Limited liability entities such as corporations, limited partnerships or limited liability companies are often the first step to protect your personal assets from liability or creditors. But what other steps can be taken to protect your hard-earned assets from lawsuits or claims? This article addresses the use of LLC's and asset protection trusts to obtain greater protection. To evaluate and understand the alternatives, we need to first understand the difference between business and non-business claims.
Business and Non-Business Debts
- Business creditors are those creditors whose claims are directed against the business operation or real estate which is operated and owned inside of business entity.
- Non-business creditors are those creditors whose claims arise outside the operation of the business entity and are generally personally asserted against the professional, business or real estate owner.
- Corporations and LLCs protect owners from business debts against the business. LLCs are state-chartered entities that provide a shield of protection similar to the corporate shield but are treated for tax purposes as either a sole proprietorship or partnership. LLCs are often used to hold real estate assets because they combine the protection aspects of a corporation with the tax benefits of a partnership. Because of the tremendous liability potential of real estate activities, serious consideration should be given to holding real estate (especially income-producing real estate) in LLCs.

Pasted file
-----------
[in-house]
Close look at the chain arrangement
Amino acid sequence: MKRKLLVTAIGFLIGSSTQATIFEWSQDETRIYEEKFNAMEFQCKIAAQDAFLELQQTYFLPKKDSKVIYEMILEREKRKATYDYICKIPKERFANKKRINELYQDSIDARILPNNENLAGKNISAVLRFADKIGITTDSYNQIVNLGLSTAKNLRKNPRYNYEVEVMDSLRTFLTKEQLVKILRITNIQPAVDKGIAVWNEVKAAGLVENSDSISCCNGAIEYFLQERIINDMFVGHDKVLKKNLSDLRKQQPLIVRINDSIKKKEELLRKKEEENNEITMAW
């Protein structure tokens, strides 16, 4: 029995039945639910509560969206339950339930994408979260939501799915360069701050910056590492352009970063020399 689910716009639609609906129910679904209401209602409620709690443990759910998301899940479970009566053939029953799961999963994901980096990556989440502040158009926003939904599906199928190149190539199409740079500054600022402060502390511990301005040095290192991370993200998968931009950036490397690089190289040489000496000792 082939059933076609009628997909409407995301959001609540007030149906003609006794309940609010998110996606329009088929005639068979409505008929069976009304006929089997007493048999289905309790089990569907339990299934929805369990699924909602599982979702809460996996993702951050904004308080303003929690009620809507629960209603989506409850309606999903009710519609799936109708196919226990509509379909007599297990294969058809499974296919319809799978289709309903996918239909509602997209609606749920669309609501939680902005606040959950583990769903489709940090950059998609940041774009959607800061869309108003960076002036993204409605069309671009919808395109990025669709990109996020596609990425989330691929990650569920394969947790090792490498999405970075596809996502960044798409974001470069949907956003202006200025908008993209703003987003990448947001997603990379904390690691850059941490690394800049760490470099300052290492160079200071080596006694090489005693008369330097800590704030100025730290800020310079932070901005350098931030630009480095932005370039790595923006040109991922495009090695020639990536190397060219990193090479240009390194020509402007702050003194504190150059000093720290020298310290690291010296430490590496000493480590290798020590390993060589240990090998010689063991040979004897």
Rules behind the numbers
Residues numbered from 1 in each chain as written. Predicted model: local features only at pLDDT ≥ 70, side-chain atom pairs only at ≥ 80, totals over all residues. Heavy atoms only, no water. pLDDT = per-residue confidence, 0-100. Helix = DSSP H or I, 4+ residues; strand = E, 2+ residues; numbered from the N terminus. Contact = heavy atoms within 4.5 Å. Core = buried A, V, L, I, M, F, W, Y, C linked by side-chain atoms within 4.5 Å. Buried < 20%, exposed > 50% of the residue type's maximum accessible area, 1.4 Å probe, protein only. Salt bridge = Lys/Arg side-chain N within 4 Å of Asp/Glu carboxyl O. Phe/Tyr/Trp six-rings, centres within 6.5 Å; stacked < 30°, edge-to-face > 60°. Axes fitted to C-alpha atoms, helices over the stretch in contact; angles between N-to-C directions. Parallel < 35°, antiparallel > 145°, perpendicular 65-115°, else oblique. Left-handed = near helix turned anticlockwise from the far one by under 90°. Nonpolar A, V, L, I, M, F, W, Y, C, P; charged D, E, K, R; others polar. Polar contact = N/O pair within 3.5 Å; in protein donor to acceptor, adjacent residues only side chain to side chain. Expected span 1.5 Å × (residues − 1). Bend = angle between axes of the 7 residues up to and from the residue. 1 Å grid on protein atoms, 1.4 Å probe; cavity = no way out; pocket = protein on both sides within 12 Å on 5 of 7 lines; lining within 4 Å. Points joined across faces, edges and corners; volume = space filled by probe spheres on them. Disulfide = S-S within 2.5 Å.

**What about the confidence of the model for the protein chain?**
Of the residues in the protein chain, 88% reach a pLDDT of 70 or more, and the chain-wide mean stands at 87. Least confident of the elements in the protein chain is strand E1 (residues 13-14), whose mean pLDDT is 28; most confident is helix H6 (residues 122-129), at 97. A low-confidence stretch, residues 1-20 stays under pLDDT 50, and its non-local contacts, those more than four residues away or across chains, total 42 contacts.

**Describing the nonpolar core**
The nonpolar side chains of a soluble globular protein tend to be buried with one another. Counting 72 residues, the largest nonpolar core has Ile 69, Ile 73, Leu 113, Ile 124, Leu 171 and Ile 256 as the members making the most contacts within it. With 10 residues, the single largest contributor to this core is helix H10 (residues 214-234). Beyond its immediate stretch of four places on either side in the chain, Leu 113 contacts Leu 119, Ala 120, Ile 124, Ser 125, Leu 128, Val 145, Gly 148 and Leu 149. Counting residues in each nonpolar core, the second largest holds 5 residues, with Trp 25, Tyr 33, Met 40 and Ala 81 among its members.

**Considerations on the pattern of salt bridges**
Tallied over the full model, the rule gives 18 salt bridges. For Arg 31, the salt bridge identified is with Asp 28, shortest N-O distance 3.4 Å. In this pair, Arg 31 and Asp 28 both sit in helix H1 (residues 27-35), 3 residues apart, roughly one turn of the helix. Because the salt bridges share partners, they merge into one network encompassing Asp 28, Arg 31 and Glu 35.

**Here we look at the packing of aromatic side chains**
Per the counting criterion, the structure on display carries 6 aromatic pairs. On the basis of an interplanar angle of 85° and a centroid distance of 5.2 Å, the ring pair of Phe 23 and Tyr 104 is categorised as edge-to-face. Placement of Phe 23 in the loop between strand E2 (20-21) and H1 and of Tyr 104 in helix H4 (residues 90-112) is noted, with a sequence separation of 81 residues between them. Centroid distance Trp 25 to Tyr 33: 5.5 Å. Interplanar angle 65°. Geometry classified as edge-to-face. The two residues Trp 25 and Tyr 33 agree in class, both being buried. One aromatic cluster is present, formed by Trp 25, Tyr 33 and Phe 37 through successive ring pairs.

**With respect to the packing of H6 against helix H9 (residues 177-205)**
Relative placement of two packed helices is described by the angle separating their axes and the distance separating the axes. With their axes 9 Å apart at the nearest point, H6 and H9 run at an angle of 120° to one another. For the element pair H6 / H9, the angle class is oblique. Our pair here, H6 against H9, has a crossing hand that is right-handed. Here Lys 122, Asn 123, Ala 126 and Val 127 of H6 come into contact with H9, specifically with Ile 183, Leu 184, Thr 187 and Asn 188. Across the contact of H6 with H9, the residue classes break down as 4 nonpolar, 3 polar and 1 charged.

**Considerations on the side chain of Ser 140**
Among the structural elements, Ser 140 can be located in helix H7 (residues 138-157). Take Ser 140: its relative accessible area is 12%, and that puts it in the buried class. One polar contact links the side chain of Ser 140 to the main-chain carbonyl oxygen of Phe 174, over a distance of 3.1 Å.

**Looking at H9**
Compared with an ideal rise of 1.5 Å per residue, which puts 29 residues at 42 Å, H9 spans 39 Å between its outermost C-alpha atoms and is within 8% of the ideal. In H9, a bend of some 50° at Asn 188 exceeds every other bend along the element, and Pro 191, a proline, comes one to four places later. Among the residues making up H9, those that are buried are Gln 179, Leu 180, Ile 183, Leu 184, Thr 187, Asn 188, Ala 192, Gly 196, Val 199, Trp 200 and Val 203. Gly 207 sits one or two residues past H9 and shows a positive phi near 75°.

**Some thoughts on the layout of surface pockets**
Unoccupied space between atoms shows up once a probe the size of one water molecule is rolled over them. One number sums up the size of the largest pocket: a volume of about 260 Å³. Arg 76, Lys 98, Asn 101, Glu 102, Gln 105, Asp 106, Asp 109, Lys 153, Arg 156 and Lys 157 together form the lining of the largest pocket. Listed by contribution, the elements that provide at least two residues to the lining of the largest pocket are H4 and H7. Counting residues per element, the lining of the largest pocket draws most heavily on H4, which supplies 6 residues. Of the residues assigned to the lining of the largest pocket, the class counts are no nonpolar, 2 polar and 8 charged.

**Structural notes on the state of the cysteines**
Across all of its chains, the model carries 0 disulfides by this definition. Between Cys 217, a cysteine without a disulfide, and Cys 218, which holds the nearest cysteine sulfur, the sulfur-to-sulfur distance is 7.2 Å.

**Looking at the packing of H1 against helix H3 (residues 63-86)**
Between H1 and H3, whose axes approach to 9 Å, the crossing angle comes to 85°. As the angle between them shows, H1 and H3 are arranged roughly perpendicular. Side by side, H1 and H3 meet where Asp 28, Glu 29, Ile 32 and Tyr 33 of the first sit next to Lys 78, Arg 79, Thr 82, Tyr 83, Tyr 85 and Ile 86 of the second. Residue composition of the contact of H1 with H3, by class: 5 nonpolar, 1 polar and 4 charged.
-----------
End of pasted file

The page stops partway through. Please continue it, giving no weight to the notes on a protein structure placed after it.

- Although corporations and LLCs protect against business debts, many professionals, business, and real estate owners are concerned about business debts or personal debts such as malpractice claims, negligence claims for accidents and other personal liability claims that are asserted by aggressive plaintiff's lawyers. The question then becomes how do we protect against the non-business claims (personal liability claims). This is where the combination of an LLC with an Asset Protection Trust can be a very effective strategy.
The LLC and the Charging Order